How to create a wrapper gem for service APIs – part 1

APIs are getting more and more popular as apps and services move to the cloud. Whenever you need to integrate a popular web service API into your Ruby app, 99.99% of the time there already exists a gem ready for use. That is a testament to how active Ruby developers are in supporting the community.

Even if integrating with the popular APIs is not in your radar, you may still have a need to create an API wrapper for internal use. For example, if your Rails application has grown tremendously (congratulations!), you may eventually need to adopt a services architecture to support upcoming features and make things manageable.

I created the gem for the Open Amplify API as part of my exploration to data mining. When I first created it, my primary goal was simply to wrap the API. Though I still didn’t write spaghetti code, it wasn’t a good example of structured code either. Two years later (yep, that’s how long I let the code rot), I decided to re-write the gem and adopt the architecture from the Twitter gem. It was a good exercise because not only I updated the gem for the newest API version, I also learned a great deal on how to write a gem.

Setup the project

We will create a wrapper for the fictitious Awesome API and thus call our gem ‘awesome’. To get things started, let’s use bundler to set up our initial code.

$> bundle gem awesome
      create  awesome/Gemfile
      create  awesome/Rakefile
      create  awesome/LICENSE
      create  awesome/
      create  awesome/.gitignore
      create  awesome/awesome.gemspec
      create  awesome/lib/awesome.rb
      create  awesome/lib/awesome/version.rb
Initializating git repo in /Users/greg/dev/code/awesome

This is the standard directory structure and naming convention of Ruby gems. The files Gemfile, Rakefile, and .gitignore are not necessary but they would be very useful while developing your gem.

Gem dependencies. All gem dependencies should go into awesome.gemspec and not in Gemfile. Inside your Gemfile, the line ‘gemspec’ takes care of identifying the gems you needed in your local.

$> more Gemfile
source ''

# Specify your gem's dependencies in awesome.gemspec

Versioning. You specify the version of your gem inside lib/awesome/version.rb

$> more lib/awesome/version.rb
module Awesome
  VERSION = "0.0.1"

You may be wondering how is this used by the gem. Take a peek at awesome.gemspec and you’ll see that Awesome::VERSION is used by the .gemspec file.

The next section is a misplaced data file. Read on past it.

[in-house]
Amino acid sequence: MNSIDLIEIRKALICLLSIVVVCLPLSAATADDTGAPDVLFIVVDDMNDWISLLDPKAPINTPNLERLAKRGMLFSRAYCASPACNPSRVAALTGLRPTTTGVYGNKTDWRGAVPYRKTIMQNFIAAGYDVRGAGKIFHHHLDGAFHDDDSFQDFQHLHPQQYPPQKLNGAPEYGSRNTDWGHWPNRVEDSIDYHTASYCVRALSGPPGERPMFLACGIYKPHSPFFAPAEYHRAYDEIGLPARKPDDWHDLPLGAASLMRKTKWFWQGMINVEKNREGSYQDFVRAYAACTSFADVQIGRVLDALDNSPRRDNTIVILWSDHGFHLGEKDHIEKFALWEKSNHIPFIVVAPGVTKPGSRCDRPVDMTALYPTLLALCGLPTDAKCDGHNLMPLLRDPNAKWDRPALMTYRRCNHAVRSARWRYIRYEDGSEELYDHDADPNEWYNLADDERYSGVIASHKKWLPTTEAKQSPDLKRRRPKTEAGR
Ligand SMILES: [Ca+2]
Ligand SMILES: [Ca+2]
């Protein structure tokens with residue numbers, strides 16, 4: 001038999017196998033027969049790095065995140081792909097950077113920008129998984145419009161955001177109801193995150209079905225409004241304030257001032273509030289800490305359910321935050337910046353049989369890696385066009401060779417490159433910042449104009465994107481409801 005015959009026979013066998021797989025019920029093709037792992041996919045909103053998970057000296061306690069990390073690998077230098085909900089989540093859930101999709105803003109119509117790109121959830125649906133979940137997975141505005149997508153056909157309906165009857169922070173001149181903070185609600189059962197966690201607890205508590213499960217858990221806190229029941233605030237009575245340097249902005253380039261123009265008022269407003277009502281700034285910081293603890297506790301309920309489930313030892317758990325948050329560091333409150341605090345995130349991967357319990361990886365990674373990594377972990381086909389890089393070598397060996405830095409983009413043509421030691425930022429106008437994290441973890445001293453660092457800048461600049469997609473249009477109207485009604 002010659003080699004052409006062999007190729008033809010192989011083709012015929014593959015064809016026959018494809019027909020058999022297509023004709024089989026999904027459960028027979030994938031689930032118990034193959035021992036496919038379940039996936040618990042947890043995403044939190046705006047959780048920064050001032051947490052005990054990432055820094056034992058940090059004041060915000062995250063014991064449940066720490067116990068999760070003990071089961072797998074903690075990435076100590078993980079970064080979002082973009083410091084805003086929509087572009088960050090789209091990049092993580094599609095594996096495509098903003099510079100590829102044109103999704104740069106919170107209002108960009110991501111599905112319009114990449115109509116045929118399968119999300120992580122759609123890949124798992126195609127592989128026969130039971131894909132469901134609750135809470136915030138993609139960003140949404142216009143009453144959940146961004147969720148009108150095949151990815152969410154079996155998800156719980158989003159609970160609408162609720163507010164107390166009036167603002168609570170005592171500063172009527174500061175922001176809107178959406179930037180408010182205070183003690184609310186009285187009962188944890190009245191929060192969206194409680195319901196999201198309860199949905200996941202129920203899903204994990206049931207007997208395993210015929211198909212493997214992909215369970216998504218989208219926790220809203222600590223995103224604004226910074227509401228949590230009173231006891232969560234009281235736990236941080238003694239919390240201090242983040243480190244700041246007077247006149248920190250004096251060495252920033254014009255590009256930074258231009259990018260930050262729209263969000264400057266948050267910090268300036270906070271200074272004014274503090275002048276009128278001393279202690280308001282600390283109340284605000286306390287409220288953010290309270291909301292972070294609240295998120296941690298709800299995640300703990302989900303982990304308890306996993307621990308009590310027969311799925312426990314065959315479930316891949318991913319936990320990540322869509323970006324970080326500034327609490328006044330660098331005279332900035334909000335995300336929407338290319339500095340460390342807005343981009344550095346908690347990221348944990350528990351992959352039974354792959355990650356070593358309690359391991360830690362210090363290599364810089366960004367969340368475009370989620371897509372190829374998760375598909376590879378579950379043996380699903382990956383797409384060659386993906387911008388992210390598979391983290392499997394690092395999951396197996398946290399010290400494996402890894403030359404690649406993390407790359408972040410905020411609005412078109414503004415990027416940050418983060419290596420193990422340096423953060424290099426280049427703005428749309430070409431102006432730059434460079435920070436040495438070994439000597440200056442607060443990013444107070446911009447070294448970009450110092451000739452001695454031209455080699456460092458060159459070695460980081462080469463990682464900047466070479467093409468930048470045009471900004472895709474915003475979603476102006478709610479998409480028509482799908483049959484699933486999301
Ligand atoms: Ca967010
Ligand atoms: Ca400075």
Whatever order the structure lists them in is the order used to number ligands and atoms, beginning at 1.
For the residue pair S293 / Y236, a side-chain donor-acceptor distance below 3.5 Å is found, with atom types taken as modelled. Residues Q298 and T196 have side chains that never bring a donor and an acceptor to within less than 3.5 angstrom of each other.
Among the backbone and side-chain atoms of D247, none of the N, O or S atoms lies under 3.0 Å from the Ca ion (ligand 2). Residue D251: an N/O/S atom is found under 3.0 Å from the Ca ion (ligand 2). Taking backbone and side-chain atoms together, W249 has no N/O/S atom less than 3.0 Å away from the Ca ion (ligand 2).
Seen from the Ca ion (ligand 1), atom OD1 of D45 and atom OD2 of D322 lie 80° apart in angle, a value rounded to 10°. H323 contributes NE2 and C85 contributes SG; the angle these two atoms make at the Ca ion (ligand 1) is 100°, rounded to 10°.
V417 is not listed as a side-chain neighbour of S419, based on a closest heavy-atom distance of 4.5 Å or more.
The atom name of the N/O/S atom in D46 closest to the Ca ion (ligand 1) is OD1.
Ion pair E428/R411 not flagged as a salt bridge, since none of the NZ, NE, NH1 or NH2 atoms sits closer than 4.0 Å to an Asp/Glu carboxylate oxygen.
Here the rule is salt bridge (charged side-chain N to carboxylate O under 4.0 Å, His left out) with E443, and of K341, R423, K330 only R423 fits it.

$> more awesome.gemspec
# -*- encoding: utf-8 -*-
require File.expand_path('../lib/awesome/version', __FILE__) do |gem|
  gem.authors       = ["Greg Moreno"]         = [""]
  gem.description   = %q{TODO: Write a gem description}
  gem.summary       = %q{TODO: Write a gem summary}
  gem.homepage      = ""

  gem.files         = `git ls-files`.split($\)
  gem.executables   = gem.files.grep(%r{^bin/}).map{ |f| File.basename(f) }
  gem.test_files    = gem.files.grep(%r{^(test|spec|features)/})          = "awesome"
  gem.require_paths = ["lib"]
  gem.version       = Awesome::VERSION

Additional modules and classes. You can write all your code in the file lib/awesome.rb and it would still work. However, in the spirit of making code maintainable, it is highly recommended that you put your classes and modules under the directory lib/awesome just like what we did with lib/awesome/version.rb

Testing the gem

We will use minitest but you can always use any test framework you prefer. For our test setup, we need to do the ff:

  1. Setup our test directory manually since bundler didn’t do this for us.
  2. Create a rake task to run our tests.
  3. Specify gem dependencies in our common test helper file.
$> mkdir test
$> touch test/helper.rb
$> mkdir test/awesome
$> touch test/awesome/awesome_test.rb

# Rakefile
require 'bundler/gem_tasks'

require 'rake/testtask' do |test|
  test.libs << 'lib' << 'test'
  test.ruby_opts << "-rubygems"
  test.pattern = 'test/**/*_test.rb'
  test.verbose = true

# test/helper.rb
require 'awesome'
require 'minitest/spec'
require 'minitest/autorun'

Now that we have our testing in place, let’s write a simple test and see if everything works.

# test/awesome/awesome_test.rb
require 'helper'

describe Awesome do
  it 'should have a version' do

# Then, let's run the test
$> rake test
(in /Users/greg/dev/code/awesome)
/Users/greg/.rbenv/versions/1.9.2-p290/bin/ruby -I"lib:lib:test" -rubygems "/Users/greg/.rbenv/versions/1.9.2-p290/lib/ruby/1.9.1/rake/rake_test_loader.rb" "test/awesome/awesome_test.rb"
Loaded suite /Users/greg/.rbenv/versions/1.9.2-p290/lib/ruby/1.9.1/rake/rake_test_loader
Finished in 0.000695 seconds.

1 tests, 1 assertions, 0 failures, 0 errors, 0 skips

Test run options: --seed 55984

Perfect! Now, let’s start working on the juicy parts of our gem.